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Gilsoul Victor

Brussels 1867 – 1943

Belgian Painter

A View of Diksmuide

Signature: Signed bottom left, placed Dicsmuide and dated 1900
Medium: Oil on canvas
Dimensions: Image size 55,50 x 71 cm, frame size 68,50 x 84 cm

Gilsoul Victor Olivier was born in Brussels on September 10, in 1867.

He was a Belgian impressionist painter of landscapes, marines, harbour scenes, architectures, interiors, city and canal views, portraits and figures. He was also a watercolourist.

Gilsoul studied at the Antwerp Academy of Fine Arts with the famed master teachers and artists François Courtens (1854 – 1895) and Louis Artan (1837 – 1890).

In 1882 he won his first prize at the Academy and in 1884 debuted at the Brussels Salon. He studied also at the Brussels Academy of Fine Arts, where he won a prize (1885-1890).

Gilsoul  was member of the group ‘Voorwaerts’ in 1891. He was awarded a silver medal at the Paris World Fair in 1900. In the same year, King Leopold II commissioned several compositions for his yacht “Alberta” and knighted him to the Order of King of the Belgians.

The painter stayed from 1911 in Paris, where he often painted the Versailles region, also worked and lived  for some time in Brittany. He had several exhibitions in France.

He was a teacher at the Antwerp Higher Institute of Fine Arts (1924-1930) and a member and honorary member of La Gravure Originale Belge (1928).

Gilsoul painted at the Belgian coast, in Brabant (the Netherlands). In Belgium, he painted chiefly landscapes around Bruges, Ieper, Diksmuide, Nieuwpoort, as he was attracted by the mirroring waters of the North Sea, the many canals in that region and the warm, glowing colours. He also liked nocturnal faces by moonlight. He influenced a large number of painters, such as Charles Lebon (1906 – 1957).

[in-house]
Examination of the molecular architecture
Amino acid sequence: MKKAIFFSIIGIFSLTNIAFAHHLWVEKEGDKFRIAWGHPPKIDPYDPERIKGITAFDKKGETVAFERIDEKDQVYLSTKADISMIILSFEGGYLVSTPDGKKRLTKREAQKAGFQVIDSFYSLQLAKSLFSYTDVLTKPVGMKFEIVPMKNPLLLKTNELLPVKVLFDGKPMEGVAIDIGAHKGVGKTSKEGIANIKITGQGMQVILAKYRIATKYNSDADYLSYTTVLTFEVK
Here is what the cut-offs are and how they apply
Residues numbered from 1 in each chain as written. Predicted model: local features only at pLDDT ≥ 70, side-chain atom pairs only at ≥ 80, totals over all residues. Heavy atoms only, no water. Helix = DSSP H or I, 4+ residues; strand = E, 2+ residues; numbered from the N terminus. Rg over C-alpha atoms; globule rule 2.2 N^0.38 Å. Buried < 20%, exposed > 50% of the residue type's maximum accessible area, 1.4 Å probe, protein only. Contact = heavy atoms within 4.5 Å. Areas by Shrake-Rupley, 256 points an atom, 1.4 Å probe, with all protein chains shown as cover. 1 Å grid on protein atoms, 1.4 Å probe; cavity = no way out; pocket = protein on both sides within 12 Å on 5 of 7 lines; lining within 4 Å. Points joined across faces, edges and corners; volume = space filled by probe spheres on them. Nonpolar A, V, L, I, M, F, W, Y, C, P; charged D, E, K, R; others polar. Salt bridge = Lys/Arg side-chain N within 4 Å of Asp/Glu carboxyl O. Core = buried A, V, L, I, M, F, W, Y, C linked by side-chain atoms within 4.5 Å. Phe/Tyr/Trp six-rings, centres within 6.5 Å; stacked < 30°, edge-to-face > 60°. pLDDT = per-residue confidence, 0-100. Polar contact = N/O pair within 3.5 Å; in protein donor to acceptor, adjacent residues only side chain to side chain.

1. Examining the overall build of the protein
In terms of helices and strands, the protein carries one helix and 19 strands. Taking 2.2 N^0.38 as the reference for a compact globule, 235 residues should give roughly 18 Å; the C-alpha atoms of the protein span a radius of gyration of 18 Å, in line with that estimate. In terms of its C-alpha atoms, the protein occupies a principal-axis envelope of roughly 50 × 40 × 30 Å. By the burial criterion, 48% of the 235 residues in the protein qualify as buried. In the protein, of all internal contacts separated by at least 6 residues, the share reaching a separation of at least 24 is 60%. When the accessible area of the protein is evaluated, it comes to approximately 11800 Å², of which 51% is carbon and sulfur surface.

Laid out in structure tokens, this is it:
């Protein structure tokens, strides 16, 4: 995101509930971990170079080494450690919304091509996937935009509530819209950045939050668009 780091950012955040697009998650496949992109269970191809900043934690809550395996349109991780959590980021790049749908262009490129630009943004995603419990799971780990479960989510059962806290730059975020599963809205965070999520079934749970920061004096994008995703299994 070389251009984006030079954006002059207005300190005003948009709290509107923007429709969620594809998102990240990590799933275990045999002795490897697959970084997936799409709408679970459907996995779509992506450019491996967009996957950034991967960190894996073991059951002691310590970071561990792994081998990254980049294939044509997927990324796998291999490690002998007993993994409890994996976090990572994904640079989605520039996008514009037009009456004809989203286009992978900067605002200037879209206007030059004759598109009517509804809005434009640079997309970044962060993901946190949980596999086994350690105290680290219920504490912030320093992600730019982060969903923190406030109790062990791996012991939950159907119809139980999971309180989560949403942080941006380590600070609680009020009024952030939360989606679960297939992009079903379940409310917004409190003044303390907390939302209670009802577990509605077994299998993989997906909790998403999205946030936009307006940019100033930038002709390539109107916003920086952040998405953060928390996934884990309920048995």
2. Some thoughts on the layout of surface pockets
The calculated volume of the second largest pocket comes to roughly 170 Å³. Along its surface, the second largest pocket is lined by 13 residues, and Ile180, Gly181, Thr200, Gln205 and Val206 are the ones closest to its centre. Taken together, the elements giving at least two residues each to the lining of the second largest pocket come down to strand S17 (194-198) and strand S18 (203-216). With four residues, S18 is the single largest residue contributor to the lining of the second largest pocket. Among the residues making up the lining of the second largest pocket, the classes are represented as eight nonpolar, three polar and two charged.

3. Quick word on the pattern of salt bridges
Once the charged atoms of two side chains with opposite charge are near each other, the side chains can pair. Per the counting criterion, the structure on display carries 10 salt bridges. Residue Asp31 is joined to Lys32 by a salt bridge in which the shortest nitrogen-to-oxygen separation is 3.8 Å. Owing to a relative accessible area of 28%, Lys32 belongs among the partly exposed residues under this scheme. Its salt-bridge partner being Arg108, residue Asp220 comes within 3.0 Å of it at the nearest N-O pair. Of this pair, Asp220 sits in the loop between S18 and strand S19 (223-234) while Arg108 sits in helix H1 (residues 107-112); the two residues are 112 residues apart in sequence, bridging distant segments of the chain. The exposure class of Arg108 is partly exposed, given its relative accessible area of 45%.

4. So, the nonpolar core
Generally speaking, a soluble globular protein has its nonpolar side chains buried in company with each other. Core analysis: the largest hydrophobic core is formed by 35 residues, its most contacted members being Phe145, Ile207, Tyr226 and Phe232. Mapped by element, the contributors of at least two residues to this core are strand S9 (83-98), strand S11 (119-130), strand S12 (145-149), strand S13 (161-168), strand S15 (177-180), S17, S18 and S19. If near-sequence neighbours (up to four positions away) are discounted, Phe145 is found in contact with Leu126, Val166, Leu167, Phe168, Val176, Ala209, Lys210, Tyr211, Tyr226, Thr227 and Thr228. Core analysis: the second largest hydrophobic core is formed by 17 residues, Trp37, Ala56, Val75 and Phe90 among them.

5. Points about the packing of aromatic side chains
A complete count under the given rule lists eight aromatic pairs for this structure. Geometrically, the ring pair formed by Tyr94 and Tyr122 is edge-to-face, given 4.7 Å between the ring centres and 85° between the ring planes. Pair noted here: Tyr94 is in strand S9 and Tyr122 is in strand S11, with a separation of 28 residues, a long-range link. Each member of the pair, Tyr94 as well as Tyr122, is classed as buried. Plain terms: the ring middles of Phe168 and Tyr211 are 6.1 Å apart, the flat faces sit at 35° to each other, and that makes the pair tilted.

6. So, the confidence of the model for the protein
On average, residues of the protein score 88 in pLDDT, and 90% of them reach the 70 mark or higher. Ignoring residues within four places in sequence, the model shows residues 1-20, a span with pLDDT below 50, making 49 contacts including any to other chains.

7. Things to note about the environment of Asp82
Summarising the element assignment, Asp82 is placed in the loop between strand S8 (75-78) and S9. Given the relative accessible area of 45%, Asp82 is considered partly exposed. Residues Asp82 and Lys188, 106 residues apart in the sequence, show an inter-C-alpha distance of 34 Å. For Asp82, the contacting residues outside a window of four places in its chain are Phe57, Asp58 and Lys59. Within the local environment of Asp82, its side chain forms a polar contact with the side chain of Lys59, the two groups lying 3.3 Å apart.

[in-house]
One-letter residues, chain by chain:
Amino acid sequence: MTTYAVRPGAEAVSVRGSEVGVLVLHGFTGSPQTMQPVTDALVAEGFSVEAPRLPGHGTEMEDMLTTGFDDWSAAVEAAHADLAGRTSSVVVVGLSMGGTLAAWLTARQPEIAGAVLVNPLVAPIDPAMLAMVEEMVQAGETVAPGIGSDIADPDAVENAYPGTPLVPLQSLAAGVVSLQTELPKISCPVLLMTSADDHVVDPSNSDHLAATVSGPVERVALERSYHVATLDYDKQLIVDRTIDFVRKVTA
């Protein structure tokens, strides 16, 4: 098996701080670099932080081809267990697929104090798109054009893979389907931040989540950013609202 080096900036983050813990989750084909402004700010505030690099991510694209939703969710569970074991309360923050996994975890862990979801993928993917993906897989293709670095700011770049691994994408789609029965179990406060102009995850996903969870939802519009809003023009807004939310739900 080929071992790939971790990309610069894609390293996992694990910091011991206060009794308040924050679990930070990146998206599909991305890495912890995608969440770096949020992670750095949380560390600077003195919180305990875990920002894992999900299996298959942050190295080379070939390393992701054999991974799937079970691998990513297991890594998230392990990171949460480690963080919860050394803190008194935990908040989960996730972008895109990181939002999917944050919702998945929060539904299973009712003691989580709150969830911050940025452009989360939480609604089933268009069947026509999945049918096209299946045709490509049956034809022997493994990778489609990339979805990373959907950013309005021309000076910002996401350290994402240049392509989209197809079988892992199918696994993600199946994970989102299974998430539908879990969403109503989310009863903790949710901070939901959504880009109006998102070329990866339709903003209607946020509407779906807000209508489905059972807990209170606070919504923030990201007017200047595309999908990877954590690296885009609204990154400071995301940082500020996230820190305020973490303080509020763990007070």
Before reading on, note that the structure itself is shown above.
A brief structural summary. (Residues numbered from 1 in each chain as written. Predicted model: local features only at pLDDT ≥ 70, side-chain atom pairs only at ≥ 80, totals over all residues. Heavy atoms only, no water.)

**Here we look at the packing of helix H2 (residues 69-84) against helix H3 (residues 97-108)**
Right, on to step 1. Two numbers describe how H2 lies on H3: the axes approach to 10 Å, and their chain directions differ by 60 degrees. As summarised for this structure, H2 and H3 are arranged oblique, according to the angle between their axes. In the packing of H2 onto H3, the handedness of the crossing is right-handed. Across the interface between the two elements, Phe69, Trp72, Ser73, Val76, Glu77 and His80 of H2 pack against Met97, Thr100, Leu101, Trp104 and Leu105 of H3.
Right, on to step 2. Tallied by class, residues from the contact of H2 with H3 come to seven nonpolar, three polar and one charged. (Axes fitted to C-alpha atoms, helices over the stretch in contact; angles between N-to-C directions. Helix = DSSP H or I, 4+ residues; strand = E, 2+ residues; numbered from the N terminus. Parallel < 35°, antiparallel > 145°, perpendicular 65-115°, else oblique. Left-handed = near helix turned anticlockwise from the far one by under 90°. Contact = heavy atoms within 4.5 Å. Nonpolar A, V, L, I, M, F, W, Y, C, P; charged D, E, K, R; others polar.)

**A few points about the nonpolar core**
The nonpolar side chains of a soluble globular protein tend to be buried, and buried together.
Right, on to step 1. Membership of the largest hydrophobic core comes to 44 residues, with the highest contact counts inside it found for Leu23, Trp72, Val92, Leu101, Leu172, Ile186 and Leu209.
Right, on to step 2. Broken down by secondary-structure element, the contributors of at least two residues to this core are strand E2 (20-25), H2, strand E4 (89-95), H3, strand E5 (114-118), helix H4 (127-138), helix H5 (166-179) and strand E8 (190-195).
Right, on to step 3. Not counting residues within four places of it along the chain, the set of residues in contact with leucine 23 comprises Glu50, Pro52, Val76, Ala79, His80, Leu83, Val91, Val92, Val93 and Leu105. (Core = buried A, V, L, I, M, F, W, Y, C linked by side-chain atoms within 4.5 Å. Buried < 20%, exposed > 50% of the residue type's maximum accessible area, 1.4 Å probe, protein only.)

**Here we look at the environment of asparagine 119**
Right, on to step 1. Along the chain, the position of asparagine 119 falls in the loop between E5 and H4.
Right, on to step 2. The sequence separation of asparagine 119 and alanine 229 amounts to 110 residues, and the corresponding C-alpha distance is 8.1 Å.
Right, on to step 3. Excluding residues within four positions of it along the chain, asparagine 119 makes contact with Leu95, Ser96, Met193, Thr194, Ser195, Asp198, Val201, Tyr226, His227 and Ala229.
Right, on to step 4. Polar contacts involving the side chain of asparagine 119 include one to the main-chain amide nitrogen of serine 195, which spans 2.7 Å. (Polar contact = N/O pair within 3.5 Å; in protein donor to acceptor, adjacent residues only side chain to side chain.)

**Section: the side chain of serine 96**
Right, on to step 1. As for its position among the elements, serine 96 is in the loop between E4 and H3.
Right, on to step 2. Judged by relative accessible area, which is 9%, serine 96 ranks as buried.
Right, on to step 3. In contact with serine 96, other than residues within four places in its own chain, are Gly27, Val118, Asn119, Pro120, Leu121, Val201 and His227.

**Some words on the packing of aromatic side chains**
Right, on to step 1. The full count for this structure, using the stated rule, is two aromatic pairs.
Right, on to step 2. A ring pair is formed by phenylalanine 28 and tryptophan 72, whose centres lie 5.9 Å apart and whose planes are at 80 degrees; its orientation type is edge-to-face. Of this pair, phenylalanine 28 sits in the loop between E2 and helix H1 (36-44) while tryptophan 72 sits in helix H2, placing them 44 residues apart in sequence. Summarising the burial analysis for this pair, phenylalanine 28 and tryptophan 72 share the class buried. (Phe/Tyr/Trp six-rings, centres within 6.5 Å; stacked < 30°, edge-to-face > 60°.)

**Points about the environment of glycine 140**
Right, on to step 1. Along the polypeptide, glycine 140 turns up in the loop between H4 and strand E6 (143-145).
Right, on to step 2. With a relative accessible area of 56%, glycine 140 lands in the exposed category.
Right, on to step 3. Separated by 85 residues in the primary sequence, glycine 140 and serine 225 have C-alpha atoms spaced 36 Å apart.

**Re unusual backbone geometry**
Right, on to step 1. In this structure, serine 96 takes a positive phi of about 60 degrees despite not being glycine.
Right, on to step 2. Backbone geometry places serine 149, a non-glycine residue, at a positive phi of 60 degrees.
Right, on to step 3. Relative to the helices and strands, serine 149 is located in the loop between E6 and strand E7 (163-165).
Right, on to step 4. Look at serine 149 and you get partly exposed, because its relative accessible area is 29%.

Before 1900, his palette was dark and heavy, but under the influence of open-air painting, it became progressively brighter. His gloomy palette slowly matured around 1900. About this time, his art changed from being sombre to luminous and its colour became  more distinguished.

Gilsoul’s paintings can be found in important public and private collections worldwide, in Brussels (Musée Charlier, Musée des Beaux-Arts), Elsene, Namur, Ostend, Diksmuide, Antwerp (Museum of Fine Arts), Bruges (Museum of Fine Arts), Leuven, Saint-Josse-ten-Noode, Paris (Petit Palais, France), Barcelona (Spain), Bucharest (Romania), Dordrecht (The Netherlands), Krefeld (Germany) and Luxembourg.

In Brussels Museum: “November Evening in Dordrecht” and “Becalmed in the Channel”. There is a quite a big oil painting of “Stormy Weather in Nieuwpoort” in Antwerp Museum. In Bruges Museum: “Farriers Gate, Bruges” (1905). In Brussels Town Hall: “The Three Fountains Canal”.

“No doubt V. Gilsoul is, in general, too exclusively a painter to add his soul to nature”, remarked Sander Pierron in 1904. “He is a lyricist, not an elegist”.

Literature: W.G. FLIPPO, ‘Lexicon of the Belgian Romantic painters’, Antwerp 1981.

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